And if you need someone to talk to, about this or anything else that’s bothering you, you know where I am…
Here’s that friendship poem I mentioned earlier. Have a read. See what you think.
Reason, Season, Lifetime Poem
People come into your life for a reason, a season or a lifetime.
When you figure out which one it is,
you will know what to do for each person.
When someone is in your life for a REASON,
it is usually to meet a need you have expressed.
They have come to assist you through a difficulty;
to provide you with guidance and support;
to aid you physically, emotionally or spiritually.
They may seem like a godsend, and they are.
They are there for the reason you need them to be.
Then, without any wrongdoing on your part or at an inconvenient time,
this person will say or do something to bring the relationship to an end.
Sometimes they die. Sometimes they walk away.
Sometimes they act up and force you to take a stand.
What we must realize is that our need has been met, our desire fulfilled; their work is done.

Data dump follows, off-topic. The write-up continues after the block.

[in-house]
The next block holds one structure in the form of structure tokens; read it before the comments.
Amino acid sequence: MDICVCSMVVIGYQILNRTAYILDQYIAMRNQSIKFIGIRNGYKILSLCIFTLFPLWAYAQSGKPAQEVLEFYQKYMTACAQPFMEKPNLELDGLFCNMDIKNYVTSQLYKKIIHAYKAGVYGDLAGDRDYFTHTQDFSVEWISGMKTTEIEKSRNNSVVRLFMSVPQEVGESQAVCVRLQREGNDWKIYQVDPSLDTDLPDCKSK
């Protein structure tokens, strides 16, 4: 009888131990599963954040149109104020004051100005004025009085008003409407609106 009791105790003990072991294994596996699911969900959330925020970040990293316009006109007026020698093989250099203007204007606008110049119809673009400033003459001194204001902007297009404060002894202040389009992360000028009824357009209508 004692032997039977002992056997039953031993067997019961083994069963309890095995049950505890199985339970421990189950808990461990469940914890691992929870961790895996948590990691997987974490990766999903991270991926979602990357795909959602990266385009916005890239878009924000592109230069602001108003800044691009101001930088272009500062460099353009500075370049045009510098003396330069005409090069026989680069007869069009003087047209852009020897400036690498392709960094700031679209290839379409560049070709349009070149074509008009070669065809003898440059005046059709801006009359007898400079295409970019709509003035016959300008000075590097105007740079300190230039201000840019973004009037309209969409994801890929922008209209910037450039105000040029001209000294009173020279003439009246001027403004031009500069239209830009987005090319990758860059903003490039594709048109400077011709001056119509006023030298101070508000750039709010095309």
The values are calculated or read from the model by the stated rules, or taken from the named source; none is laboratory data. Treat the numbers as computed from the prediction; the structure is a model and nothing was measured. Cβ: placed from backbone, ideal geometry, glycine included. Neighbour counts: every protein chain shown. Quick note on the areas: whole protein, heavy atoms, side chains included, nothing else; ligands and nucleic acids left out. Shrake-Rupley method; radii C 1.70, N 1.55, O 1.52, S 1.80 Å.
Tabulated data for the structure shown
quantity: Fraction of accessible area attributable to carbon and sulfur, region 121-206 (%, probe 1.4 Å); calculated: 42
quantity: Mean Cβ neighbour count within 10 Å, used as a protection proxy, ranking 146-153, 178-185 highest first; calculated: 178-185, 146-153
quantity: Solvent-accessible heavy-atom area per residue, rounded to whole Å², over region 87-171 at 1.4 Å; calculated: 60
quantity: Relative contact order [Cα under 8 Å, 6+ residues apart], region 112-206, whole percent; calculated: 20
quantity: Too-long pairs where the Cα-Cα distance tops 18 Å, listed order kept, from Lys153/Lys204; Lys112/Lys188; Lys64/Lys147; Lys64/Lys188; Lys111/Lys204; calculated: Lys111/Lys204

The prayer you sent up has been answered and now it is time to move on.
Some people come into your life for a SEASON,
because your turn has come to share, grow or learn.
They bring you an experience of peace or make you laugh.
They may teach you something you have never done.
They usually give you an unbelievable amount of joy.
Believe it. It is real. But only for a season.
LIFETIME relationships teach you lifetime lessons;
things you must build upon in order to have a solid emotional foundation.
Your job is to accept the lesson, love the person,
and put what you have learned to use in all other relationships and areas of your life.
It is said that love is blind but friendship is clairvoyant.